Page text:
At some point after the gospel began to take root in Colossae, a number of teachers arrived and compelled the Colossians to incorporate elements of the law into their Christian faith. For Paul, Christ plus anything implied that Christ meant nothing. Paul argued that Christ is supreme over all spiritual authorities (Col 1:13-20) with the result that believers are complete in Christ alone (Col 1:28; 2:6-10), awaiting a secured heavenly inheritance (Col 1:3-6, 9-12; 3:1-4). Earthly expressions of this heavenly hope included walking in moral purity and love for the church (Col 3:5-17). For the believers in Colossae to flourish, they needed to understand the supremacy of Christ in Scripture’s storyline.
(1) In Col 1:12, Paul reminded the Colossians of their inheritance with the saints in the light, echoing themes of Canaan as Israel’s inheritance in the Old Testament. In Gen 12:1-3 and 15:1-20, the Lord promised Abraham that He would make Abraham a great nation and give him the land of Canaan as a possession. When Sarah died, Abraham purchased a burial site for her in Canaan (Gen 23:17-18). When Joseph was dying, he made his brothers swear that they would not burry him in Egypt but take his bones to the land God promised Abraham (Gen 50:24-25). When the Lord called Moses, He told Moses that He was going to use him to bring Israel out of Egypt so that the people would go to the land He promised Abraham (Exod 3:7-10). As Israel prepared to enter Canaan, Moses described the boundaries of the land Israel would inherit (Num 33:54; 34:13-18). Moses exhorted Israel to seek the Lord and follow His law in the land as a testimony of His greatness (Deut 4:1-8). Though Joshua and Eleazar divided the land among the tribes that would reside in Canaan (Josh 14:1-4), and Solomon restated that the Lord gave His people the land as an inheritance (1 Kgs 8:36), God’s people did not obey and were ultimately removed from the land (2 Kings 17, 25). Paul wrote that those united with Christ in His death and resurrection obtain a share in a heavenly inheritance (Col 1:12; 2:12) and must live in a manner on earth that reflects their heavenly security (3:1-11).
(2) In Col 1:19, Paul stated that all of God’s fullness dwelt in Christ bodily, reflecting statements of God’s transcendence and integrity in the Old Testament. When Moses asked to see God’s face, the Lord told Moses that He would pass by and allow Moses to see His back (Exod 33:12-23). When Moses completed the tabernacle, the Lord’s glory filled it (Exod 40:34-38). Solomon witnessed the same phenomenon when he completed the temple (1 Kgs 8:10-11). As Israel prepared to enter Canaan, Moses reminded the people that the Lord is One (Deut 6:4). When the Lord called Isaiah, Isaiah saw the Lord seated on a throne and the Lord’s glory filling the temple (Isa 6:3-4). Isaiah prophesied that God is transcendent, sitting in the heavens with earth as His footstool (Isa 66:1). Paul told the Colossians that God was pleased to have all of His fullness dwell bodily in Christ (Col 1:19). Because of Christ’s deity, the Colossians could trust that His death was the basis of forgiveness and peace with God; they needed nothing else.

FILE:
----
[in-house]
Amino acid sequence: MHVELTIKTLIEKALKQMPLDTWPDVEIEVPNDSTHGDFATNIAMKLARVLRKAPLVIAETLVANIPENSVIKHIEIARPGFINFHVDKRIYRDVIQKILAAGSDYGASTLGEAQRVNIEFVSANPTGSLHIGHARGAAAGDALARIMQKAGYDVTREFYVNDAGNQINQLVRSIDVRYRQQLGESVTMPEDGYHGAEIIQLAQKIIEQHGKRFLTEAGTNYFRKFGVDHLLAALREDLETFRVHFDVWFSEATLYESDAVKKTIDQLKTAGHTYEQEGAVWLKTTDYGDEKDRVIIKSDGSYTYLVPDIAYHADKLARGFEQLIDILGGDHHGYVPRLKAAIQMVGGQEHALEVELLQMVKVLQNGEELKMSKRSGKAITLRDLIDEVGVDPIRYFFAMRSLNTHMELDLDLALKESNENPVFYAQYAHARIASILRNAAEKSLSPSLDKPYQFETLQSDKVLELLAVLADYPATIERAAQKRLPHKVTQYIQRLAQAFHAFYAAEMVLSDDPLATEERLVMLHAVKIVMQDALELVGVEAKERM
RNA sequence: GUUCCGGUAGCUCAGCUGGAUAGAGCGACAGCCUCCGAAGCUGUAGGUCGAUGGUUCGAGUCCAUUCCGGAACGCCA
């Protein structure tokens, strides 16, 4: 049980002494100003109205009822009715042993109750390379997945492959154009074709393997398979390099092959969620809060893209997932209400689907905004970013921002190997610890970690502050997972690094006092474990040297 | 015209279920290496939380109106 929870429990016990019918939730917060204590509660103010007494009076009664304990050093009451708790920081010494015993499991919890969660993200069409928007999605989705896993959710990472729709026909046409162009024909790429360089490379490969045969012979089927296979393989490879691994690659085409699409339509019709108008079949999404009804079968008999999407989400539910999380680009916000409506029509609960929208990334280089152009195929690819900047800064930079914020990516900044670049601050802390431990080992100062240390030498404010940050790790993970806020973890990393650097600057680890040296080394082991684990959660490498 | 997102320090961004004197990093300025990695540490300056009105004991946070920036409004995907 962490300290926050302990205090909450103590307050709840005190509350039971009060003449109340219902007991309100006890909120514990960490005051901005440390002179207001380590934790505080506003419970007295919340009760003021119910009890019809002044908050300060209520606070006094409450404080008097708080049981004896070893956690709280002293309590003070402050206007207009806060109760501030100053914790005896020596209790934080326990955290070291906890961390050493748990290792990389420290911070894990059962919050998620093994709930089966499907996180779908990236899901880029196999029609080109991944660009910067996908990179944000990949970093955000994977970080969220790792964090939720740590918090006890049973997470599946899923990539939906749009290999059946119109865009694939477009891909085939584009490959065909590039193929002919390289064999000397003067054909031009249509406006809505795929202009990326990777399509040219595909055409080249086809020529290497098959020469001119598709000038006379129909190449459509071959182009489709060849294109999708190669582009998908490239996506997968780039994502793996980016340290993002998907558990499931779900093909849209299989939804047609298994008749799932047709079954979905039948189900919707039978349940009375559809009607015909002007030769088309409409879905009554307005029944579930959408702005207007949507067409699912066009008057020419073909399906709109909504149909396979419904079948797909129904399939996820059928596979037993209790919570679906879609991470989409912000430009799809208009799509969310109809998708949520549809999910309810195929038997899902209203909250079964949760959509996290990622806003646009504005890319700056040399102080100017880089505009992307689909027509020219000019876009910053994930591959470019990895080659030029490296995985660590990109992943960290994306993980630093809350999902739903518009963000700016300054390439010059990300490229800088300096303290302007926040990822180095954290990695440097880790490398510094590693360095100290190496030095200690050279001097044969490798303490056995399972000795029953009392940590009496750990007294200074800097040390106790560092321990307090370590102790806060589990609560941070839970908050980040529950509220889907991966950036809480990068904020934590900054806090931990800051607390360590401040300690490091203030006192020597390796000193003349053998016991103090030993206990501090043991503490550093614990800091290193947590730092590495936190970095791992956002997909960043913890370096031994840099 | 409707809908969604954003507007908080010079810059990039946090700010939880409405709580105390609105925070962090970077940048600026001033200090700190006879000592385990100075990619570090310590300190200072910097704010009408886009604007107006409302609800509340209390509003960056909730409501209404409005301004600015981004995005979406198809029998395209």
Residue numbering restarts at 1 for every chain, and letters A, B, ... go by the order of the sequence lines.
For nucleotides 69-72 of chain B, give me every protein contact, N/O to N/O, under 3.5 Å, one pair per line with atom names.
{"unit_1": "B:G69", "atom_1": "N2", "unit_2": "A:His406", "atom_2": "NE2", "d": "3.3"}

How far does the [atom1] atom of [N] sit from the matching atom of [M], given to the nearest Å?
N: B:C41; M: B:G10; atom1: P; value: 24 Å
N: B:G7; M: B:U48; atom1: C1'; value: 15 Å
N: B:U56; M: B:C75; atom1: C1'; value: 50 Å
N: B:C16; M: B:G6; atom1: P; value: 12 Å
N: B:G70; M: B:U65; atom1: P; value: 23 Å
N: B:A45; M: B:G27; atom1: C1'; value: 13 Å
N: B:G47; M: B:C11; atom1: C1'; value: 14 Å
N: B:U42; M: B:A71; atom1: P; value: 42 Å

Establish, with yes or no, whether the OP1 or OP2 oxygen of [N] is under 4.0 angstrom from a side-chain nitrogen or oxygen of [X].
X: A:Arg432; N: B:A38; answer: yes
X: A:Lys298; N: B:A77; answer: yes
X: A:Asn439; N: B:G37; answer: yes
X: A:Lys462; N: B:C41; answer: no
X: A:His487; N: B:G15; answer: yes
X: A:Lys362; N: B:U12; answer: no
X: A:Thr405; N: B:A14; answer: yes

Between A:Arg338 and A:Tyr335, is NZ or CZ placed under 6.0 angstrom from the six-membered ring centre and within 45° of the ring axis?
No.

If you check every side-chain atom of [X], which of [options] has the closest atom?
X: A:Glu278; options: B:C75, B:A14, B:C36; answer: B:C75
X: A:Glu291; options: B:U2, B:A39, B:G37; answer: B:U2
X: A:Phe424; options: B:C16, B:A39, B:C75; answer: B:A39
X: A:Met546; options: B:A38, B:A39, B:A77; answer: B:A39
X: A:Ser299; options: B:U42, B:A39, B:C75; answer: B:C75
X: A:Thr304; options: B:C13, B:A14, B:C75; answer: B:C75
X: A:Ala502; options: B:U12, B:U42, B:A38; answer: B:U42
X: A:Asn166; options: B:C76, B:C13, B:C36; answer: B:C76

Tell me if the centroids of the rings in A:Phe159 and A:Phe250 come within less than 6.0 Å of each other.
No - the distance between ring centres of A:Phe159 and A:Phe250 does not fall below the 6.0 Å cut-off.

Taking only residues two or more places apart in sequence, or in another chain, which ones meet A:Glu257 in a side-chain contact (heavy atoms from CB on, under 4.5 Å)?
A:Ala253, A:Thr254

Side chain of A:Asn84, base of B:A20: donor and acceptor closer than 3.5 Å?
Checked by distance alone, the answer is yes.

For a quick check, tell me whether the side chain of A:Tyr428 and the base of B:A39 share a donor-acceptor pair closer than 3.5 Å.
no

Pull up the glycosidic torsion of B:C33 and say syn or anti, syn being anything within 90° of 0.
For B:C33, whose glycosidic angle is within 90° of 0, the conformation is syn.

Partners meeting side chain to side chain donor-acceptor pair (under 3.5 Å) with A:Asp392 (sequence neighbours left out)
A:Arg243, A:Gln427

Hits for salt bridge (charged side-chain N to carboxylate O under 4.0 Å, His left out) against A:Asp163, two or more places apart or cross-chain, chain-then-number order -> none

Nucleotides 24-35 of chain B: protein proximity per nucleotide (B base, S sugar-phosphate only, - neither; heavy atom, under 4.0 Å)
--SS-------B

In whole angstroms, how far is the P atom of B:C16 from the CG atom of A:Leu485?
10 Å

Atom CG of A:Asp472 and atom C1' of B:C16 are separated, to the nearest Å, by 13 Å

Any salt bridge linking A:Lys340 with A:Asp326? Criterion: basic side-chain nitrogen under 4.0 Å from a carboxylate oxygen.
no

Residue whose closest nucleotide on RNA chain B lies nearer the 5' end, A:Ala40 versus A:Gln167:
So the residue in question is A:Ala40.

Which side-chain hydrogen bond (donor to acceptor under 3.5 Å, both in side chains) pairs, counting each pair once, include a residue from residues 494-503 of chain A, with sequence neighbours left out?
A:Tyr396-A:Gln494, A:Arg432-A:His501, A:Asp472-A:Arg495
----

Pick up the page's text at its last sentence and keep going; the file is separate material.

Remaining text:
(3) In Col 2:6-23, Paul contrasted faith in Christ Jesus as Lord and Jewish laws like circumcision, Sabbath-keeping, and ritual purity. The covenant of circumcision that God made with Abraham in Genesis 17 shaped Israel as a nation. All Israelite males were to be circumcised on the eighth day (Lev 12:3). Observing the Sabbath (Exod 20:8-10; Deut 5:12-15; Jer 17:21-27) and abstaining from certain foods (Lev 11:1-23, 41-47; Deut 14:3-21) also distinguished Israel from other nations. Paul’s opponents in Colossae proposed that followers of Christ could find a greater sense of fulfillment if they would incorporate some of these elements of the Mosaic law into their Christian lifestyle. Paul, however, assured the Colossians that they were spiritually complete in Jesus—needing nothing beyond sincere faith and devotion to Him (Col 2:10). While some claimed that the Colossian Christians needed to be circumcised, Paul reminded his readers that they were circumcised and raised with Christ (Col 2:11-15). Though ascetic practices of the law gave the impression of humble devotion to God, Paul countered that these practices were a mask for pride (Col 2:18). Paul exhorted the Colossians that true spiritual progress resulted from reliance on Christ (Col 2:19).
(4) In Col 3:17, Paul exhorted his readers that their lifestyle should reflect the name of Christ, echoing God’s name upon Israel and the temple in the Old Testament. In Num 6:22-23, the Lord told Moses to command Aaron and his sons to pronounce a blessing upon Israel. God said, “In this way they will put My name on the Israelites, and I will bless them” (Num 6:27). As the Israelites lived in the land and obeyed the law, they would represent God (Deut 4:1-8). When Solomon dedicated the temple, he said that the temple would be the place of God’s name (1 Kgs 8:29, 43, 48) and the Lord affirmed that He would put His name upon the temple (1 Kgs 9:3). Paul told the Colossians that they were united with Christ as Lord (Col 2:6-7, 11-13; 3:1-4), the One in whom all of God’s fullness dwelt bodily (Col 1:19; 2:9-10). The Colossians, as the people of Christ, were therefore to live in accord with Christ, doing everything in His name (Col 3:17).